|"River Thames" by Ernest Cole|
The facades, however, remain just as they were, with a fascinating array of sculpture that tells a story of artistic ambition, personal frailty, political interference and furious debates over taste and aesthetics.
The building was designed as the home of the London County Council in 1908 by architect Ralph Knott, who chose a rising star of sculpture, Ernest Cole, to produce a series of aspiring figures for the main elevations. Cole was only 24, straight out of the South Kensington Art School, where his work had been noticed by Charles Ricketts and others. So commissioning him with a major sequence of works was a brave gamble.
|"Creation of Eve" by Cole|
|Untitled Group by Cole|
At this point disaster struck. Cole was sent to the Western Front.
The artistic establishment was aghast that a talent of such promise was being put in harm's way and pressure was applied to transfer him to the much safer Intelligence Corps.
|'Recreation' or 'Open Spaces' by Hardiman|
After the war, Cole resumed work but he was a changed man. He had lost his drive and failed to meet deadlines, and he needed more money to cope with post-war inflation. Requests for extra payments were backed up by furious letters from his lawyer wife.
In nearly two years he finished the incomplete group and provided only one more, which he carved without having supplied Knott with a plaster maquette for approval. Knott rejected it as unsuitable.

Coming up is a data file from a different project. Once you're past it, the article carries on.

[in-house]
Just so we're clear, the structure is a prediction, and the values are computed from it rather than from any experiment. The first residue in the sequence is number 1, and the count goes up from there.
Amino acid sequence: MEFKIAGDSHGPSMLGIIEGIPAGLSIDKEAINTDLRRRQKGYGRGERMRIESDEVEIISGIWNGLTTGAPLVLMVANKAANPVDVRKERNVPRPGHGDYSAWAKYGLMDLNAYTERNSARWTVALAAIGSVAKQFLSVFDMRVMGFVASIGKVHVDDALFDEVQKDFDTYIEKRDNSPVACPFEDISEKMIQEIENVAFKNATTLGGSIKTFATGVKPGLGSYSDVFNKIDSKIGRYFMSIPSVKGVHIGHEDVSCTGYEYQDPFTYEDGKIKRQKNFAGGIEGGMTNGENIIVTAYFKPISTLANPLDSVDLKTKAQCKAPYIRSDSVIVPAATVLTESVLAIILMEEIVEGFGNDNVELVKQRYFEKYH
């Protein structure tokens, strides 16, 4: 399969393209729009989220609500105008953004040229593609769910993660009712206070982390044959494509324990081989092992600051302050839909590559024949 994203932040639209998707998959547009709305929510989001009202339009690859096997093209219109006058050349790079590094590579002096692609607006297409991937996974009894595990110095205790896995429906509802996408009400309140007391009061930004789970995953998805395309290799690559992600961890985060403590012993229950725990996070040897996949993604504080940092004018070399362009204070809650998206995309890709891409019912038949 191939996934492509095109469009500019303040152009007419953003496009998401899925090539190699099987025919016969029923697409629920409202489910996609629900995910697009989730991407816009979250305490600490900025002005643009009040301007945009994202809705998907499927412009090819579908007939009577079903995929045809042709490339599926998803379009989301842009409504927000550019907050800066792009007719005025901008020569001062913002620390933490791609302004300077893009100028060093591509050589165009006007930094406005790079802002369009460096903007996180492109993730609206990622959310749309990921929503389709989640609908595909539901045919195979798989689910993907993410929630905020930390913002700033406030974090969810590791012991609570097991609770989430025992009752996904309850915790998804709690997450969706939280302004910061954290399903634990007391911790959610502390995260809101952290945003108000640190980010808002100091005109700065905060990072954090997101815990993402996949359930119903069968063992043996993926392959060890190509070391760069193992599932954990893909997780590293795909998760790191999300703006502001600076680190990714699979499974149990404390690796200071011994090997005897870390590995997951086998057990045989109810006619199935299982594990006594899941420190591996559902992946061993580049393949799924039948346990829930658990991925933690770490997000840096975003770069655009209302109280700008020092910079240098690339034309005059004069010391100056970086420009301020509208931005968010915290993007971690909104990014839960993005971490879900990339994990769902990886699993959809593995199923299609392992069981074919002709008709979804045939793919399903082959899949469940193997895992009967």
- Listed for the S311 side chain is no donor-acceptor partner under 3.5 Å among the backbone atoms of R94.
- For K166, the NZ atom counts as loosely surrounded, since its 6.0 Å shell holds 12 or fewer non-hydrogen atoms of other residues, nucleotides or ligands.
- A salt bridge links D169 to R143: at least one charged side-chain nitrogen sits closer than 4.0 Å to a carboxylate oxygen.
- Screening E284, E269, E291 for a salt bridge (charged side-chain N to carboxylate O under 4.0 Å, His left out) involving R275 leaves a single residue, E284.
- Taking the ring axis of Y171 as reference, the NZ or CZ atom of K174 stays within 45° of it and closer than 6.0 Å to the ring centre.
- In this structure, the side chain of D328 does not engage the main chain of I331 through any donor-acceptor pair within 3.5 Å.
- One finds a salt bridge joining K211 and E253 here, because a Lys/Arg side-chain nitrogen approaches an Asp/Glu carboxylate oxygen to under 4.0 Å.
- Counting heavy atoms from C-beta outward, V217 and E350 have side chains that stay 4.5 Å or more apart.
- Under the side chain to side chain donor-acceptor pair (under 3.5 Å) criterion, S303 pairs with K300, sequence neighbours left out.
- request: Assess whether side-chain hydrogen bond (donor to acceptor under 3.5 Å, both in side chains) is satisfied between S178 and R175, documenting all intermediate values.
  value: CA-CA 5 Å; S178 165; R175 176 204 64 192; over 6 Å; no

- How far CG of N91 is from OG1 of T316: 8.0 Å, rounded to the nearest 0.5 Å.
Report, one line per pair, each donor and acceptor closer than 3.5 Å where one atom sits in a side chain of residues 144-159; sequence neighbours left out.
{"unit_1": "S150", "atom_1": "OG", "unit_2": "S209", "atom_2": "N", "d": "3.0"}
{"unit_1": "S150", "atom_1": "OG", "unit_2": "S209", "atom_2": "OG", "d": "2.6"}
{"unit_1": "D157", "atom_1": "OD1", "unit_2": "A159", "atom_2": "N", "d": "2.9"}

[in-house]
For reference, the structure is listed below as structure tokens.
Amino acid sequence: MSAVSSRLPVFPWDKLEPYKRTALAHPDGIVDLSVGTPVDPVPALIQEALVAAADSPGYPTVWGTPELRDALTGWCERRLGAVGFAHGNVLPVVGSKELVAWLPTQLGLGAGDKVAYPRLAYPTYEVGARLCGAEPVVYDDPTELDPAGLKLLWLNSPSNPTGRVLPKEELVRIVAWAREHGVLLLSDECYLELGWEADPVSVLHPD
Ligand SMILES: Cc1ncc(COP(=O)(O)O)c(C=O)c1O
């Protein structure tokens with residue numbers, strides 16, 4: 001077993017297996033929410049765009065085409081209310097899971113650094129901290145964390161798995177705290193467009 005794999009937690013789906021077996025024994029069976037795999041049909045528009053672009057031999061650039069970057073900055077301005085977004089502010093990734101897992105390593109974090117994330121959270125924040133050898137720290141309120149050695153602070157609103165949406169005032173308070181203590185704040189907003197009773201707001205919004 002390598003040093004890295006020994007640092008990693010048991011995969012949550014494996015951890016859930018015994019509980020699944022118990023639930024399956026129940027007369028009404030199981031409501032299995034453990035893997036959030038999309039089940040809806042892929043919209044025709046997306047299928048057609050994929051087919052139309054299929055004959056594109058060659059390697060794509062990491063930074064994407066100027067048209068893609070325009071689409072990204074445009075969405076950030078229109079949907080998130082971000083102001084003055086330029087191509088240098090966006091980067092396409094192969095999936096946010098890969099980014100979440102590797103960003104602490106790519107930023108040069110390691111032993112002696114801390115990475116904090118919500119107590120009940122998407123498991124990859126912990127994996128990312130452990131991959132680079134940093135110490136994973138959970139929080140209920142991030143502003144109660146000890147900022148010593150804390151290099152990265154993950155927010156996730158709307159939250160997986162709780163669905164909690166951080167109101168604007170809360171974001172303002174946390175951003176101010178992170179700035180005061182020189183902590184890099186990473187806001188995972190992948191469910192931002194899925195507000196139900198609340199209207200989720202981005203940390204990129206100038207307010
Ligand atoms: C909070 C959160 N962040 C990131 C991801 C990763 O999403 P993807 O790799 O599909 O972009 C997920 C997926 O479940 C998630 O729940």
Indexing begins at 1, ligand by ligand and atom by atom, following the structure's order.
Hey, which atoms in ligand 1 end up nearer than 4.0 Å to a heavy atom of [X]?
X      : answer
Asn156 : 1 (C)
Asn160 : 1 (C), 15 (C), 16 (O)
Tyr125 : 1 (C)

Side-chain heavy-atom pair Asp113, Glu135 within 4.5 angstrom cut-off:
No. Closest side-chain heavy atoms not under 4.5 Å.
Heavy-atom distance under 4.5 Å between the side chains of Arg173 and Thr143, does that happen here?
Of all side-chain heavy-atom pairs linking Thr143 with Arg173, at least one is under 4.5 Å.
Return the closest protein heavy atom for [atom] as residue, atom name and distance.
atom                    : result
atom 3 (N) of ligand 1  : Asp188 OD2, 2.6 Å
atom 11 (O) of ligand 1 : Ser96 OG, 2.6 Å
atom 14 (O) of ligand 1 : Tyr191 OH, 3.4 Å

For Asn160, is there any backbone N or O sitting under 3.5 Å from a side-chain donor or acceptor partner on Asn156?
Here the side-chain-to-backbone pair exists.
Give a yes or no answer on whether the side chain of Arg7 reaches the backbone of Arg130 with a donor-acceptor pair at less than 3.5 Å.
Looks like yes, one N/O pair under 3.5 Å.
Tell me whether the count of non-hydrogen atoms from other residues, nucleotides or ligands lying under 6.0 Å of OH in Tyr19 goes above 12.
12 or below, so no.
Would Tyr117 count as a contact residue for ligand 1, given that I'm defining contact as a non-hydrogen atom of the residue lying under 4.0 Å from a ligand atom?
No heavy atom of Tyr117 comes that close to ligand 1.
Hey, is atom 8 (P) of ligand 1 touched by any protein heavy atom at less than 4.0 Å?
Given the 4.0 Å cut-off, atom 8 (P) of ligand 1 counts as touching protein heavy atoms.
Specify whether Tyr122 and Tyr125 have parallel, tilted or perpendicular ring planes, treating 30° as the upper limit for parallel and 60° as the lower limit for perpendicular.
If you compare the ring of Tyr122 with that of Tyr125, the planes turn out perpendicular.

A major row ensued. Members of the LCC were getting worried about the escalating costs and many dismissed Cole's completed works as incomprehensible modern rubbish.
Knott counter-attacked by getting a group of luminaries including the poet and art critic Laurence Binyon (of We will Remember Them fame) to rally round in Cole's defence. For this, he was rewarded with a letter from Mrs Cole accusing him of having spent the war in safety in London drawing two salaries while her husband was defending his country.
By this time things had broken down irretrievably and the contract was terminated. The Coles retreated to a bungalow near Canterbury, rarely leaving except for a brief period at the beginning of the second world war when they were interned because of their open admiration for Mussolini and the Fascists.
To complete the project, Knott and the LCC brought in Alfred Hardiman, who was much easier to work with and whose images were more accessible for politicians and the public, as shown by the northernmost sculpture on the river frontage, 'Recreation'.